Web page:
A lecture delivered on Tuesday 17 May 2005 by Dr Cathryn Mittelheuser AM
Last year was the centenary of the founding of Lyceum by Constance Smedley and I spoke to you then about those early days of international Lyceum. Today I shall tell you something about the early days of our Brisbane Lyceum Club.
Regrettably, there is not a great deal known as the minute books prior to the mid 1940’s no longer exist. As a result even the names of all of the Club’s presidents are not known, and, of our 86 years, there are 15 where the name of the president is unknown. Those years are 1927/28 to 1932/33 inclusive, 1938/39 to 1944/45 inclusive, 1946/47 and 1947/48. There is even one year, 1924, where there is documented evidence of two different women being named as president. During the late 1940’s, the annual report was written and presented by the secretary and, in it, she thinks but does not name, the president.
What we do know from some notes written some years ago by Miss May Paten is that it was as early as May 1914 that a small group of women met to discuss the possibility of forming a Lyceum Club, and a letter was sent to the London Lyceum Club requesting information. The reply stated that 50 members were required to form a club. Some of the women became international members of the London Lyceum Club including Miss Margaret Ogg who acted as chairman of the group and Miss May Paten, a writer, as secretary.
Others in the group were Miss Martha Burns a dentist, Mrs Young the social editor of the “Courier”, Mrs Dearden, Mrs Brockhurst and Gertrude Ryder who were writers, Winifred Hill an artist and Mrs Coulson-Blair a composer.
The group met on and off in Mrs Young’s office or in the waiting room of Miss Burns dental surgery in Edward Street. It was difficult for them to reach the required number of 50 members especially with World War I intervening.
However, by 1919, they felt that there was sufficient interest to go ahead. They placed a notice in the Brisbane Courier of Wednesday 30 April 1919 inviting interested women to attend a meeting of Brisbane members of the London Lyceum Club at the Brisbane Women’s Club on Friday 2 May at 8.00 pm. The notice gave information about Lyceum.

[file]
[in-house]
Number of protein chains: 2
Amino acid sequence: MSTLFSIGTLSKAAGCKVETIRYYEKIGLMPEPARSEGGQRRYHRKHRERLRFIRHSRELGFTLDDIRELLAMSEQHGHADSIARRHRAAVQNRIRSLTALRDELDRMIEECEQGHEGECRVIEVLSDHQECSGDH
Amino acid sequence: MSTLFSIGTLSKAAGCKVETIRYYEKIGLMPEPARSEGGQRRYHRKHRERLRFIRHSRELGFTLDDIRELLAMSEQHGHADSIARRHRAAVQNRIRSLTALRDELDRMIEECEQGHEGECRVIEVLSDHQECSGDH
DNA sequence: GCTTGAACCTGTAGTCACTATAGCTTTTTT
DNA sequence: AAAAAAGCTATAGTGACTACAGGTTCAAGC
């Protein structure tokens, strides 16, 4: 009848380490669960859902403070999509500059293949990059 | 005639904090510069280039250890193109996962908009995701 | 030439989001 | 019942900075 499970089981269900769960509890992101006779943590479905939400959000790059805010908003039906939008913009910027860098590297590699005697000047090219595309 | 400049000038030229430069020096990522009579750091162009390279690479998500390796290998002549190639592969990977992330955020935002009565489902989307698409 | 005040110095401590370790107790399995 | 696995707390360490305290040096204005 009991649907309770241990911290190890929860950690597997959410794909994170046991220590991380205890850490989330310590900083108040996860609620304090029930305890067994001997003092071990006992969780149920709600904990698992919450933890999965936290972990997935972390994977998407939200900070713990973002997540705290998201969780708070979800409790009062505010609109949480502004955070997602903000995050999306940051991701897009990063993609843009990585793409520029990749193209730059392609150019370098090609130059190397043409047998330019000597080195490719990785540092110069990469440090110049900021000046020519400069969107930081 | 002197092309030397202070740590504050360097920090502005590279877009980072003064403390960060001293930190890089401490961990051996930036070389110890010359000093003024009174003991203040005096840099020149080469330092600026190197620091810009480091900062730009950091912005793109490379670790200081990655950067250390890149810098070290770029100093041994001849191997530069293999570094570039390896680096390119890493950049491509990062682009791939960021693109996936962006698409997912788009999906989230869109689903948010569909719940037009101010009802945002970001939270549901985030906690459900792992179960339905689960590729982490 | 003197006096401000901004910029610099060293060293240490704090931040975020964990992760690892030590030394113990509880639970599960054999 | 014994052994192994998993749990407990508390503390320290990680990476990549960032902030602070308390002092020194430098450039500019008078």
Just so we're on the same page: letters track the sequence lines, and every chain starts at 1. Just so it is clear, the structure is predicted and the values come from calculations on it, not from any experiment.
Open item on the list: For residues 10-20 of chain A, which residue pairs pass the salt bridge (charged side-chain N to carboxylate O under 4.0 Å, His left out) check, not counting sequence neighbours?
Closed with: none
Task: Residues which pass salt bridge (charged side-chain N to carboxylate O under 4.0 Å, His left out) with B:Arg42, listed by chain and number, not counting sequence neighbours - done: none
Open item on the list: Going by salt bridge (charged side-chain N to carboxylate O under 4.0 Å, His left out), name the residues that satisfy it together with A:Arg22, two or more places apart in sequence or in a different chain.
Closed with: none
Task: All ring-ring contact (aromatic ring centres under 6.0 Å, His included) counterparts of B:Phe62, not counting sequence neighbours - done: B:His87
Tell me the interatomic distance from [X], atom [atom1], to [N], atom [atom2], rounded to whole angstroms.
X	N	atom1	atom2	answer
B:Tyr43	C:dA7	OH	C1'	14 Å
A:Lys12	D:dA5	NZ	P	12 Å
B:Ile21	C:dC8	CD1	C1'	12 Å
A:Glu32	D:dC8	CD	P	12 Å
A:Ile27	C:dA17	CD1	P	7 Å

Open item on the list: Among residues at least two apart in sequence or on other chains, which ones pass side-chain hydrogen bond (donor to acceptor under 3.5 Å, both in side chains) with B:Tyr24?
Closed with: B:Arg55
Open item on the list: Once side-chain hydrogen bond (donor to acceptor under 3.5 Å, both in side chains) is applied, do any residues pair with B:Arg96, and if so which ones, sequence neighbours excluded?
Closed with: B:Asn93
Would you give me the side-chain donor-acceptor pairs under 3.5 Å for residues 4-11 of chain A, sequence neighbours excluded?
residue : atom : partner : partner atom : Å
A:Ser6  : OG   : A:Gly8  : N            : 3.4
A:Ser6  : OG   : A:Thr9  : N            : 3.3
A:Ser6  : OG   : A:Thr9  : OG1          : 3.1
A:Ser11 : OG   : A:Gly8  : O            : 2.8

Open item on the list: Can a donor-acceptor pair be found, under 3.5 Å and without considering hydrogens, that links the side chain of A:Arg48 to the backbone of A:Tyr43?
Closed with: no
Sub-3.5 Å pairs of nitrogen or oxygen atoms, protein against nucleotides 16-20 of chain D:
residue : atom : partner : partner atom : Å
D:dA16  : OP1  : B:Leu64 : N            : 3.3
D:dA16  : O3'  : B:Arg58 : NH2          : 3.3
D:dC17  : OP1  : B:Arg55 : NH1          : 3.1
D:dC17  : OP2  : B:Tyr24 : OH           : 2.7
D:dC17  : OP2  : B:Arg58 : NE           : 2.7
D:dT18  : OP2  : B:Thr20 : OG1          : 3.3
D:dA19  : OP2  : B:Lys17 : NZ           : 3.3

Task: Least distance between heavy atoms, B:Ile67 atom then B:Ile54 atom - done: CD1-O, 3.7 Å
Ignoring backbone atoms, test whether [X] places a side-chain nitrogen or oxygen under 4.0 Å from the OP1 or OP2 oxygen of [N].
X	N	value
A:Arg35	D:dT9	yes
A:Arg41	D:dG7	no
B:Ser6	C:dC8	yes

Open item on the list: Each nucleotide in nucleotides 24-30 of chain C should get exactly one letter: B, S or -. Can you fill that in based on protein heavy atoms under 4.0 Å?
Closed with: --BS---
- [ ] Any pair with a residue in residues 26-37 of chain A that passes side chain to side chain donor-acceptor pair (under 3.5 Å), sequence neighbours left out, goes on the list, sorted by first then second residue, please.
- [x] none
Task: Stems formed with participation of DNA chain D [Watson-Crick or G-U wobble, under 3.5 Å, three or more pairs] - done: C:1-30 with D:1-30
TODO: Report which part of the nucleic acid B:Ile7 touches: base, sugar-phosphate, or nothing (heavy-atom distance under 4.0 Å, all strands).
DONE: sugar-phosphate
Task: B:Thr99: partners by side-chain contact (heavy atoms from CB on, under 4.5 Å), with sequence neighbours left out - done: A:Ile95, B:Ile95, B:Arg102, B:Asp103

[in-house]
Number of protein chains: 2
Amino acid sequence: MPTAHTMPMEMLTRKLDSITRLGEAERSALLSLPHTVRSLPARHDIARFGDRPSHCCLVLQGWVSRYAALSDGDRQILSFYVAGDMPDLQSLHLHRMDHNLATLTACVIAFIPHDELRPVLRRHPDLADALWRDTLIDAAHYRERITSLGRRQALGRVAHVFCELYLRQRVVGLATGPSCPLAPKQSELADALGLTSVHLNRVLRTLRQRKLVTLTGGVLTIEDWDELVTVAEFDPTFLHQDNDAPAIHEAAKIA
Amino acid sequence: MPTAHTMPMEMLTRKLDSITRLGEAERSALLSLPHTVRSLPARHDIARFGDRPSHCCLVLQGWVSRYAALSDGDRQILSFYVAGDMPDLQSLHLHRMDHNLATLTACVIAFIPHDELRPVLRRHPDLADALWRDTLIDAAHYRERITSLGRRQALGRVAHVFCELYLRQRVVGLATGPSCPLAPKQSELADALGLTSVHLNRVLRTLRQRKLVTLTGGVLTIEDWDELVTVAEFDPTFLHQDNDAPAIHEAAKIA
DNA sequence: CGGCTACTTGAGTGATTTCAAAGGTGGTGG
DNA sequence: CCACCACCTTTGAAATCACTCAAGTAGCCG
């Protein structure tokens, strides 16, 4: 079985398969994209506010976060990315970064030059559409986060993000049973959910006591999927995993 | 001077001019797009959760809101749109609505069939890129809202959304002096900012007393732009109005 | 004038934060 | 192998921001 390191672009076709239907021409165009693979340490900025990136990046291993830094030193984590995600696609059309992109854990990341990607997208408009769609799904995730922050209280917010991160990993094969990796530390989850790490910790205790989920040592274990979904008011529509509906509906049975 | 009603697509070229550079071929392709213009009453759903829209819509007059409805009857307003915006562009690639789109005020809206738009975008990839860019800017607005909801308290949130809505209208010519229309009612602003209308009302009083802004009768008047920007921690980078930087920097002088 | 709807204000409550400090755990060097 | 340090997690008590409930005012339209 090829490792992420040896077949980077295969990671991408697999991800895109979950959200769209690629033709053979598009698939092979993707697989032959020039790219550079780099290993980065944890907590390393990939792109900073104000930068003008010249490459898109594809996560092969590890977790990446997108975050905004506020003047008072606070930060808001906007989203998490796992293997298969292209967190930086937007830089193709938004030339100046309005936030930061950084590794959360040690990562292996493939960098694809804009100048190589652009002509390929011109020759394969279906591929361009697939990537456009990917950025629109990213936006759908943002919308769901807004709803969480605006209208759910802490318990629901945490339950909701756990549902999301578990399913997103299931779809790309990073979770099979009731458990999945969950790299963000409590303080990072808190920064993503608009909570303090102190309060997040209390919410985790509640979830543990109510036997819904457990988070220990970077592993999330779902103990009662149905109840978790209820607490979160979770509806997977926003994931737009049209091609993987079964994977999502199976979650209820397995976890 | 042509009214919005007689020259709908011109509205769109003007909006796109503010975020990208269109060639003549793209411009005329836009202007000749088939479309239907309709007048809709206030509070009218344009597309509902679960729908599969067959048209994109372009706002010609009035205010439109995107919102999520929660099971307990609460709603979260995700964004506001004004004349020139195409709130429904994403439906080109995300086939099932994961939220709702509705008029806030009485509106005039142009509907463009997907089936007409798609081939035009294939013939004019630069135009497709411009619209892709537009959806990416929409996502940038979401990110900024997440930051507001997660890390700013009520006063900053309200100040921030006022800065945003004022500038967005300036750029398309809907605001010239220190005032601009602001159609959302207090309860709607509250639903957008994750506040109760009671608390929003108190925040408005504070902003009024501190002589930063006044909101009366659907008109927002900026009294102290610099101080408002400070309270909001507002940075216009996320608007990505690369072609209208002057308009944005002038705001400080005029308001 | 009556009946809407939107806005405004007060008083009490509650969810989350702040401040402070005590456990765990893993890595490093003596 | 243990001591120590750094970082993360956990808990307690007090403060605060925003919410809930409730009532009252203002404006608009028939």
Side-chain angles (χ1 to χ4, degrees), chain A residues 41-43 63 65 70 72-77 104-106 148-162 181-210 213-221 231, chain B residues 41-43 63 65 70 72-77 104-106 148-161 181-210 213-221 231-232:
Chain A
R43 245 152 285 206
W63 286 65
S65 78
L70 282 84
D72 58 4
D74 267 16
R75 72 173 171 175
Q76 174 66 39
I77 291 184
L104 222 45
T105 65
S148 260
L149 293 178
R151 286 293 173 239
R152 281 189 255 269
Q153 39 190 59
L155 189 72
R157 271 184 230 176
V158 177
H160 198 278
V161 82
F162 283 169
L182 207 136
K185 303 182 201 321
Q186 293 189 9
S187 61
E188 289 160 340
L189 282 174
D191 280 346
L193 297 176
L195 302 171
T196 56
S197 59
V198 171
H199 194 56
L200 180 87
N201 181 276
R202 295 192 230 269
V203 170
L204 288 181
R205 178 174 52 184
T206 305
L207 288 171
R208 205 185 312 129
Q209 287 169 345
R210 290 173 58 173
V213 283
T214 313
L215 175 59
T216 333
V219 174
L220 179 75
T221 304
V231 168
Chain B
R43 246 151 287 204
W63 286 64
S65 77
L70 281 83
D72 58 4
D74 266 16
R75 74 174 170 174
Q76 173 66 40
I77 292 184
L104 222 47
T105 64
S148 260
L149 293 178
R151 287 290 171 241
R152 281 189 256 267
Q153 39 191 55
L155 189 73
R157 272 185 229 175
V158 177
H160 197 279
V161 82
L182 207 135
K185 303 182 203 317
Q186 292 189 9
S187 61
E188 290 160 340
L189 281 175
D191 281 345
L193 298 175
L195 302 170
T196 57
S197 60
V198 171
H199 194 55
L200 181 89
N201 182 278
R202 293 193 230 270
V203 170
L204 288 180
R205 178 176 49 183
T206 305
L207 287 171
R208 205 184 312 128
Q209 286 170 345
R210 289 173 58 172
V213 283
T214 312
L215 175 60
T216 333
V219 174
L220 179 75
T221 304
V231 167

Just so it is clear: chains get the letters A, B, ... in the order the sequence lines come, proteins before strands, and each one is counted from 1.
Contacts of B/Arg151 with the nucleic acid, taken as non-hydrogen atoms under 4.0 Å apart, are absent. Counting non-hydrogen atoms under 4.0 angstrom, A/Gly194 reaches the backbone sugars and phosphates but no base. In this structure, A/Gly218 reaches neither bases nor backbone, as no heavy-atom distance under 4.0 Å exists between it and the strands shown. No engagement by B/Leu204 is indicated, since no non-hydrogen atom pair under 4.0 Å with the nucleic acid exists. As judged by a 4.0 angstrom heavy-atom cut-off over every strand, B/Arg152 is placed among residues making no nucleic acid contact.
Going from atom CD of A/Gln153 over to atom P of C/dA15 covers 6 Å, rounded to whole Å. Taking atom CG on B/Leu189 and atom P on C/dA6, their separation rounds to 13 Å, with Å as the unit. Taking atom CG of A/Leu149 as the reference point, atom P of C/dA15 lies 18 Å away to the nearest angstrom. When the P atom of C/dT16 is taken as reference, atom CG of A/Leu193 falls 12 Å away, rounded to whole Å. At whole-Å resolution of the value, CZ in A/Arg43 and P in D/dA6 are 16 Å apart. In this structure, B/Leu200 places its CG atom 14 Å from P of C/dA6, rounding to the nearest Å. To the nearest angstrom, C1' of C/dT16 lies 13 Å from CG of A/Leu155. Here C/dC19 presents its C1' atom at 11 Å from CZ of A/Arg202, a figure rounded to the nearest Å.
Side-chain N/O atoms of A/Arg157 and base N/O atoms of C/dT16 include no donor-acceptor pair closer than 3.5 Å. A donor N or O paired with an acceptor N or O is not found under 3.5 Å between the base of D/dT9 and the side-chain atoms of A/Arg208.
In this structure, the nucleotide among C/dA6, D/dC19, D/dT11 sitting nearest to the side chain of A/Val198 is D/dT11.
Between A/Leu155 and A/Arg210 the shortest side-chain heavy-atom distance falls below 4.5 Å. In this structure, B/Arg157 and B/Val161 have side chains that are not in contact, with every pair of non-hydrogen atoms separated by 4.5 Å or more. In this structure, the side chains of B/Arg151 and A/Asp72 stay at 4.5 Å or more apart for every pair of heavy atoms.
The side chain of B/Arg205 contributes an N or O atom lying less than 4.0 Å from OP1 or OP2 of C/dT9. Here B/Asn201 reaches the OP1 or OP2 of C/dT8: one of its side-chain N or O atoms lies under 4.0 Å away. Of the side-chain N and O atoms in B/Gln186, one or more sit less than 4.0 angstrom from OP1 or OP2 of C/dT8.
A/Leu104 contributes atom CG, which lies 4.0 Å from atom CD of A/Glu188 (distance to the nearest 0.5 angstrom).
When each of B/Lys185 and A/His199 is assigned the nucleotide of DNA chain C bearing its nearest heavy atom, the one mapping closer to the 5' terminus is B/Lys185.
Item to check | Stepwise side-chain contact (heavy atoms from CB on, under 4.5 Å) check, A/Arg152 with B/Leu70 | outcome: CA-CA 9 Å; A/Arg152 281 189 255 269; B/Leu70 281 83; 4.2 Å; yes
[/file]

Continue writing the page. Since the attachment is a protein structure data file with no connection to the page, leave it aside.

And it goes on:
The Brisbane Women’s Club at that time was in the Courier Building at the corner of Edward and Queen Streets, now the Commonwealth Bank.
The Women’s World section of the Brisbane Courier of Saturday 3 May 1919 reported the meeting thus:
“In response to the invitation issued by the international members of the London Lyceum Club a gathering of women was held in the Brisbane Women’s Club rooms last evening representing university graduates and the teaching, journalistic, medical, dental and legal professions. Miss Margaret A Ogg, who presided, explained the object of the meeting viz: to form a Queensland Branch of the London Lyceum Club.”
The report included details of Lyceum and some of the discussion. Miss Martha Burns LDQ gave an account of her visit to London Lyceum. Miss Freda Bage MSc gave an interesting account of the Melbourne Branch. “Brisbane”, she said, “was too small to have many clubs and a Queensland branch of the Lyceum would be a common meeting ground of University women and women outside who were interested in the same questions”. Misses Brydon, Smith BA and Moore expressed the opinion that it was desirable to form a branch and questions regarding eligibility were asked and answered.
The existing provisional committee formally resigned and all present formed themselves into a new general committee with the following committee to draw up a constitution and rules.
President: Miss Ogg
Hon. Secretary: Miss Paten
Committee: Mesdames Brydon, Woodyard LlB and Young. Misses Bage MSc, M Burns LDQ, and Smith BA with a recommendation that Dr Lillian Cooper, Dr Rivett and Mrs Lionel Lukin be asked to join.”
That first committee really set to work and, on Saturday 24 May ie, 3 weeks later, they moved into their new room in the Metropolitan Building at the corner of Adelaide and Albert Streets. It is where the Commonwealth Bank now is situated and the official address was 385 Adelaide Street. May Paten wrote about that first room as follows:
“It was just a room, no facilities, no lift, no beauty whatever, but the Committee turned itself into a working bee to make it as comfortable as possible. Furnishings were, by necessity, strictly utilitarian, and included a choice assortment of butter boxes. The kitchenette was a yard or so of (a) corner with a gas ring, and a modest curtain. Crockery was donated (mostly) likewise foodstuffs. We had a home. The Brisbane Lyceum Club made its bow. Maybe we all had slightly swollen heads as we juggled the butter boxes, and partook of refreshments. We had a home.”
Betty Fletcher wrote later: “The room was up a steep staircase and early members recall carrying up all sorts of gifts of furniture, china etc for their new home. They stained the floor themselves, made furnishings and took turns at providing cakes and biscuits for supper after meetings. Miss Paten always brought a “billy can” of milk from the Paten’s cows at Walton Bridge. Meetings were at night only, and evening dress was worn.”